Children and Anxiety
Everyone has worries; things that nag at us and keep us up at night. Thankfully, for the majority of the population worries and anxiety are not constant. But what about children? They have worries, things that scare them and make it difficult to sleep and sometimes even function well during the day. As with most adults, these worries pass with time. But what if it doesn’t pass for your child?
Anxiety disorders in children happen when worrying takes over their lives, affects their attitude and can change a once happy child into a withdrawn child full of unsubstantiated fears. Anxiety disorders are just as real for children as they are for adults. However, because children are generally more fearful than adults, an anxiety disorder can easily go undiagnosed.
Anxiety in children has a similar appearance to adult anxiety with excessive worrying, rapid heartbeat, dizziness, headaches, sleeplessness and fatigue. However, symptoms like tantrums and extreme irritability, which are also signs of anxiety, can be mistaken for child behavior issues.
There are several types of anxiety displayed by children such as:
Generalized Anxiety Disorder: a general worry or fear of anything unknown
Obsessive Compulsive Disorder (OCD): anxiety taking the form of obsession (excessively preoccupying thoughts) or compulsive behavior
Social Anxiety Disorder: anxiety triggered by social situations or settings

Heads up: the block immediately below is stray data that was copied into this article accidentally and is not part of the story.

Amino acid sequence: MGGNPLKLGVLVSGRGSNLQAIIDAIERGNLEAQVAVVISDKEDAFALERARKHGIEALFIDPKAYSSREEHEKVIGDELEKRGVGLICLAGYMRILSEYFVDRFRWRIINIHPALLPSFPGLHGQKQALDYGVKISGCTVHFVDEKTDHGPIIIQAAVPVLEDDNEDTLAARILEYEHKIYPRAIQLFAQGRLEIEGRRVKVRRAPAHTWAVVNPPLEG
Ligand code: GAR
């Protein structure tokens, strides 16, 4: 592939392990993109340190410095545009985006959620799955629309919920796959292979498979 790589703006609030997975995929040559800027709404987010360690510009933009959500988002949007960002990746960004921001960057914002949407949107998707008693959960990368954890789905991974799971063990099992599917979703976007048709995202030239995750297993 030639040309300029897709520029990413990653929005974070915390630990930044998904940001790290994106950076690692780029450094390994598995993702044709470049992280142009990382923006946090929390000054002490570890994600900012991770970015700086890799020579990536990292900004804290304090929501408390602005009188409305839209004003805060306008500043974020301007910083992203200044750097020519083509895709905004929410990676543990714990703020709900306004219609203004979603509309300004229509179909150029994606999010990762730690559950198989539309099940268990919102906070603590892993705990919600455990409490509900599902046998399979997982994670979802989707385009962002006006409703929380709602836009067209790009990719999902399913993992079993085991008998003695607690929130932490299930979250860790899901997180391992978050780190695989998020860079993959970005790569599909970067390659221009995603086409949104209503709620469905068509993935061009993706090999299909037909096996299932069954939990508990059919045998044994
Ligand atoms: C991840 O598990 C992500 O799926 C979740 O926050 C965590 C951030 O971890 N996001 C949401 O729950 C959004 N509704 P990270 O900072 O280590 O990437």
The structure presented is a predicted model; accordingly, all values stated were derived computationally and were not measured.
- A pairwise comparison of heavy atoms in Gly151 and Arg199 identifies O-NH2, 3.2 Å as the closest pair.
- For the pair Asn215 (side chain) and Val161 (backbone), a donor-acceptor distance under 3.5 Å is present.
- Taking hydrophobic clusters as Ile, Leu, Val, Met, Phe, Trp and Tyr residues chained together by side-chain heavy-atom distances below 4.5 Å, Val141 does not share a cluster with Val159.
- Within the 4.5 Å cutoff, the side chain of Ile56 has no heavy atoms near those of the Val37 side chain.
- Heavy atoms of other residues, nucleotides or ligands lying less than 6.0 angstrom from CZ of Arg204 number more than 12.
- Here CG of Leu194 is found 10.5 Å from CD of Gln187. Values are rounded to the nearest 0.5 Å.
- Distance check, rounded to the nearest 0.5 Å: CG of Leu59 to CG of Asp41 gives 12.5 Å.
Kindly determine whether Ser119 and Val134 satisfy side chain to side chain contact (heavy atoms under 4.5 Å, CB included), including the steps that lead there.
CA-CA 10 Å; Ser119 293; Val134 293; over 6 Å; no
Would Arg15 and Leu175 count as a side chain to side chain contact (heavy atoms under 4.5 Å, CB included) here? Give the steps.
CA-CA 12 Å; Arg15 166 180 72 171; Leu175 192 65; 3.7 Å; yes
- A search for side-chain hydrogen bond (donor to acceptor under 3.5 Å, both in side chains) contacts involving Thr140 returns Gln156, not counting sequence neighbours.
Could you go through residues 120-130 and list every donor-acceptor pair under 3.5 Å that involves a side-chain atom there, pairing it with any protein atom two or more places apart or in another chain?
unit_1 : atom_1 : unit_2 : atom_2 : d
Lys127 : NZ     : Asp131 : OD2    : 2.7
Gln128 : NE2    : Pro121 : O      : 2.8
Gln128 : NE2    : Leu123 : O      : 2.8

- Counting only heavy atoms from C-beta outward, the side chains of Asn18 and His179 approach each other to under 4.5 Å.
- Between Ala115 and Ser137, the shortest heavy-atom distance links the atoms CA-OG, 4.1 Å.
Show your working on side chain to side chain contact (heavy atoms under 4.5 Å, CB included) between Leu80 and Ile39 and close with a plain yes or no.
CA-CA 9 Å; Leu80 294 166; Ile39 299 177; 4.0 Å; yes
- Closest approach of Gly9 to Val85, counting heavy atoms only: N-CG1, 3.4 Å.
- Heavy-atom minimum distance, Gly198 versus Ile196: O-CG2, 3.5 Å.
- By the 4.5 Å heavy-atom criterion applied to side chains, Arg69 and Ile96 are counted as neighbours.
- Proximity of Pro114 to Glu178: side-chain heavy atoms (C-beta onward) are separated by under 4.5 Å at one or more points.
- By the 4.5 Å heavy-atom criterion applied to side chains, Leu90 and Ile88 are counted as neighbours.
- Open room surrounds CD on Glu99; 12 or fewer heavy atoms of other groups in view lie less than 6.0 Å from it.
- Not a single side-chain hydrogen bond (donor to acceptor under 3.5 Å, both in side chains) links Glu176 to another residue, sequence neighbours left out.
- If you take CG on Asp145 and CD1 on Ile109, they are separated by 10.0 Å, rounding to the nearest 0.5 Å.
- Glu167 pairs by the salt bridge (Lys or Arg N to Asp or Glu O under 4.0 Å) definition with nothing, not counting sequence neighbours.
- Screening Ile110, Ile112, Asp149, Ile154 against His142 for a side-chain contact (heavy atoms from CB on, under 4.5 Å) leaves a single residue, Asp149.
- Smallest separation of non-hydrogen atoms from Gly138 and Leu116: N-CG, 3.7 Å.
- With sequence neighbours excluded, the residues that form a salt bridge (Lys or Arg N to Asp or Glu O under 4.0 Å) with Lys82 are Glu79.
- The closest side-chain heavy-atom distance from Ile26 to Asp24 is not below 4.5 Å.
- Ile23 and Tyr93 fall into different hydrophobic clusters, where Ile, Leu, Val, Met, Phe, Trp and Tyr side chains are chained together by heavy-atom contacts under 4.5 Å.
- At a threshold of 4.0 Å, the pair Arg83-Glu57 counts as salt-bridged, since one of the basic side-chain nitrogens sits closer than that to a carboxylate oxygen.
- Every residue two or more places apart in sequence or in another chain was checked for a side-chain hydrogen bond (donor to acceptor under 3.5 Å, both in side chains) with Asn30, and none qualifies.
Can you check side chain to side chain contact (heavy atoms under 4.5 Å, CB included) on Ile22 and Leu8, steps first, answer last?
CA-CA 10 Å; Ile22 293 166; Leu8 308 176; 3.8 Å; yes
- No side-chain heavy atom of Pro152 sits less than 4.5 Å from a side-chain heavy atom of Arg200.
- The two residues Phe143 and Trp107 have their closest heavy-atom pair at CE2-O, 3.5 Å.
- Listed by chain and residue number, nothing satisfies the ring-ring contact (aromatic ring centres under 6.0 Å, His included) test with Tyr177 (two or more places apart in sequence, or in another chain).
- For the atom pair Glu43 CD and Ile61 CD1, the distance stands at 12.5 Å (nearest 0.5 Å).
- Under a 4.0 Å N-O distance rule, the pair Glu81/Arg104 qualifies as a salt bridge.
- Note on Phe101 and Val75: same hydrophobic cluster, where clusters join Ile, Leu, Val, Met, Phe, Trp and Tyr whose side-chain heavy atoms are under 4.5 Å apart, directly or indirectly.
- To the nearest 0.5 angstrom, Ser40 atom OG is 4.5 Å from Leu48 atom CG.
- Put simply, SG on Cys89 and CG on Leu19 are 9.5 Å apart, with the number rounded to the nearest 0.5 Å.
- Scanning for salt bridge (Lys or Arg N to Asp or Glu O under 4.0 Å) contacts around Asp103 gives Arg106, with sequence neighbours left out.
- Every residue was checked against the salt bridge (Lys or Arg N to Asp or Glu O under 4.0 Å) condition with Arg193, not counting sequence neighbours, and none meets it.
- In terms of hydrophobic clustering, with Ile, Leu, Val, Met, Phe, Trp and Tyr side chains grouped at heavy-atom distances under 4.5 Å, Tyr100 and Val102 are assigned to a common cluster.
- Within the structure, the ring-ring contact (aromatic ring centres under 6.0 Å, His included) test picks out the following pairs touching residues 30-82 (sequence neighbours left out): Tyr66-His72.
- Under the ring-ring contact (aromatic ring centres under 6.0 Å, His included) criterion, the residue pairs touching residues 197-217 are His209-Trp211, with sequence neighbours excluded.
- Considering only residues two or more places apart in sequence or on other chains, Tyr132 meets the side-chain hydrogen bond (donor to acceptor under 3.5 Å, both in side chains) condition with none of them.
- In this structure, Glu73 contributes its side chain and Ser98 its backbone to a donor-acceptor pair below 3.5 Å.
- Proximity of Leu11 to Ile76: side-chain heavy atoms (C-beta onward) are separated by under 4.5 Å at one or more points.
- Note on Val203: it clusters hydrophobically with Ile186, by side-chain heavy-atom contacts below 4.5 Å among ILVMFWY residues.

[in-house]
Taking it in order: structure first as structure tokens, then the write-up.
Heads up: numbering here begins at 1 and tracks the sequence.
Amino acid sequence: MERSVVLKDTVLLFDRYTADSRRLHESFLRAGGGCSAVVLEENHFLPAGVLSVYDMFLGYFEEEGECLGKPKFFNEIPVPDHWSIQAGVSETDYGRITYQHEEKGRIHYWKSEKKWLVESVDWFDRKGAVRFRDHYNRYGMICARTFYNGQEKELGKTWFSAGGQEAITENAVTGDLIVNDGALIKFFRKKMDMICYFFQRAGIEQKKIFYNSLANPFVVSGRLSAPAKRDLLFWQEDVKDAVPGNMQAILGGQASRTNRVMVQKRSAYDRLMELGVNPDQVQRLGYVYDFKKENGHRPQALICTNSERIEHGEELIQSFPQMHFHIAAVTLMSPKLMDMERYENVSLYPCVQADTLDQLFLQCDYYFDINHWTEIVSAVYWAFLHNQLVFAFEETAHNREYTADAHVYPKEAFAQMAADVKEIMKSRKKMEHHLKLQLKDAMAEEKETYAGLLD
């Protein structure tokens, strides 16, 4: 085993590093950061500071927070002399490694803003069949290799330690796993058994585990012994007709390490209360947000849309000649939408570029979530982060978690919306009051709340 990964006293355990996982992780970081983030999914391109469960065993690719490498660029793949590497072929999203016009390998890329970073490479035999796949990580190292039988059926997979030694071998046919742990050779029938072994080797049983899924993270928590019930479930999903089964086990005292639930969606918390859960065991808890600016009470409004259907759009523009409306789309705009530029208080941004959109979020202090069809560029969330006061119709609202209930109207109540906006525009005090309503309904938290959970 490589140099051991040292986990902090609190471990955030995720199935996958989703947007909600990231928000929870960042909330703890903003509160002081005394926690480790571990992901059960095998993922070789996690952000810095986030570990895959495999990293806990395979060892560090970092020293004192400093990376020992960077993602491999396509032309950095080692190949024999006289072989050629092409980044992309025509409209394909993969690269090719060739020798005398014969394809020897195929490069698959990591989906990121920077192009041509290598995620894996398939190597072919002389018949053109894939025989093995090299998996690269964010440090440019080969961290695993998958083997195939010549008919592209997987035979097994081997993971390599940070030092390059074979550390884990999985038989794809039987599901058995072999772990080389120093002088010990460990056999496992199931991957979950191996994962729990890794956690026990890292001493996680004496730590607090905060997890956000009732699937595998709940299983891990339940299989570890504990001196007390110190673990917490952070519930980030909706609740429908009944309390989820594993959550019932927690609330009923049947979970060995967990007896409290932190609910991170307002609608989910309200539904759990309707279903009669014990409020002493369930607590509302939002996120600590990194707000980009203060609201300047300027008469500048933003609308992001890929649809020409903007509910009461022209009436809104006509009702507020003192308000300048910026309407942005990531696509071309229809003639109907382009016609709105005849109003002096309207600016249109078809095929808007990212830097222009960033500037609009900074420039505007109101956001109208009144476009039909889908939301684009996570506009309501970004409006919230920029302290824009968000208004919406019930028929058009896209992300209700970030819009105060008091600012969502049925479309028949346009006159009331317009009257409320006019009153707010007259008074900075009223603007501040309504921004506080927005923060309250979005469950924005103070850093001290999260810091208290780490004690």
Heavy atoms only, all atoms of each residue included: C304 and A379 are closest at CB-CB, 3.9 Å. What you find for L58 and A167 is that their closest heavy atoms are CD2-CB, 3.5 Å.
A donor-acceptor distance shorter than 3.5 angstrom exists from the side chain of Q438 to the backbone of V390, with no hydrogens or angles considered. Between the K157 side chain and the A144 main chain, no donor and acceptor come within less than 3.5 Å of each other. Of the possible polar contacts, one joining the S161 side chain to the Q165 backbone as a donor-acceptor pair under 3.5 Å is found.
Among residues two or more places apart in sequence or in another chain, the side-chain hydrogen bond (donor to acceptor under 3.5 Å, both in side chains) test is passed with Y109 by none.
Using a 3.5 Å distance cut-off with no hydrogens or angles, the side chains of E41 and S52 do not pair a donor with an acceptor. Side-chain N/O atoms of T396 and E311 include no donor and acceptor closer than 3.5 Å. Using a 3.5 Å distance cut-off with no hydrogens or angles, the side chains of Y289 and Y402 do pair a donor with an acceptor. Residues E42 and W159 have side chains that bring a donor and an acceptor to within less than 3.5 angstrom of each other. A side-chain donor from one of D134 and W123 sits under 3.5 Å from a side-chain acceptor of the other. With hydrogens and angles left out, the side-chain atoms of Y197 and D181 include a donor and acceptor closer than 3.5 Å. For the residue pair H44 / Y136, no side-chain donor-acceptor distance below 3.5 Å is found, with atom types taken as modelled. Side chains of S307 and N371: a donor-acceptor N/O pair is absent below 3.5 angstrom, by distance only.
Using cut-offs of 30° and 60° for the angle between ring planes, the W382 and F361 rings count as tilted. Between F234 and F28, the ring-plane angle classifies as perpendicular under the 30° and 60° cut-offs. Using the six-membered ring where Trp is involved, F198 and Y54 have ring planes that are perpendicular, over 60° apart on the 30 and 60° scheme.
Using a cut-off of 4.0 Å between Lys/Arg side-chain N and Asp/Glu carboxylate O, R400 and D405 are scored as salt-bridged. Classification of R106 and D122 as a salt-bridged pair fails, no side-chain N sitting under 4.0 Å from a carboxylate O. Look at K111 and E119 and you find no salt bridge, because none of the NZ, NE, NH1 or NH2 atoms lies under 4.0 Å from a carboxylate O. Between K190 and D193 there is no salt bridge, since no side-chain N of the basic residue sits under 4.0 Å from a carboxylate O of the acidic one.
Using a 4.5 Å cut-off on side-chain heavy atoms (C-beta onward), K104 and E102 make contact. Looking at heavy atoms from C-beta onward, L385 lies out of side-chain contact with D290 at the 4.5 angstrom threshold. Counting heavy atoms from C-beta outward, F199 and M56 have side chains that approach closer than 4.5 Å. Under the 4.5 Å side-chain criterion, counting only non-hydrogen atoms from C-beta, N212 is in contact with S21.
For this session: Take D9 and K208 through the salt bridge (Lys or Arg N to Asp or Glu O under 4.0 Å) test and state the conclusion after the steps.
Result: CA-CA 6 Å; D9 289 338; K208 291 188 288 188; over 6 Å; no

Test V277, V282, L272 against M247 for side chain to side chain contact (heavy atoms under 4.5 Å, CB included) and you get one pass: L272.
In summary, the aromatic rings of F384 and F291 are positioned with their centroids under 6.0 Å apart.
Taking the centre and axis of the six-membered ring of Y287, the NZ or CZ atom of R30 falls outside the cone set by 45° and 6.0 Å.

Panic Attacks: episodes of anxiety that occur for no apparent reason and cause an unwelcome physical response such as a pounding heart or shortness of breath
Post-Traumatic Stress Disorder (PTSD): a type of anxiety that results from traumatic past experiences.
Not every child who worries will develop an anxiety disorder. In fact, the normal act of worrying is incredibly common for all children and will fade with time. For kids who are stuck in the constant cycle of anxiety disorders there is help. By finding a center for anxiety treatment, resources can be used to treat your child’s condition. There are many helpful treatments available for anxiety in children, including cognitive-behavior therapy, neurofeedback, nutrition supports, and family counseling. Anxiety therapy can help children learn coping skills to handle their fears.
Anxiety is tough on children who might not have the language or experience to express their problems. Remember to listen, be patient, and let your child know that they can get through this. With proper help and understanding, life will get better for your child.
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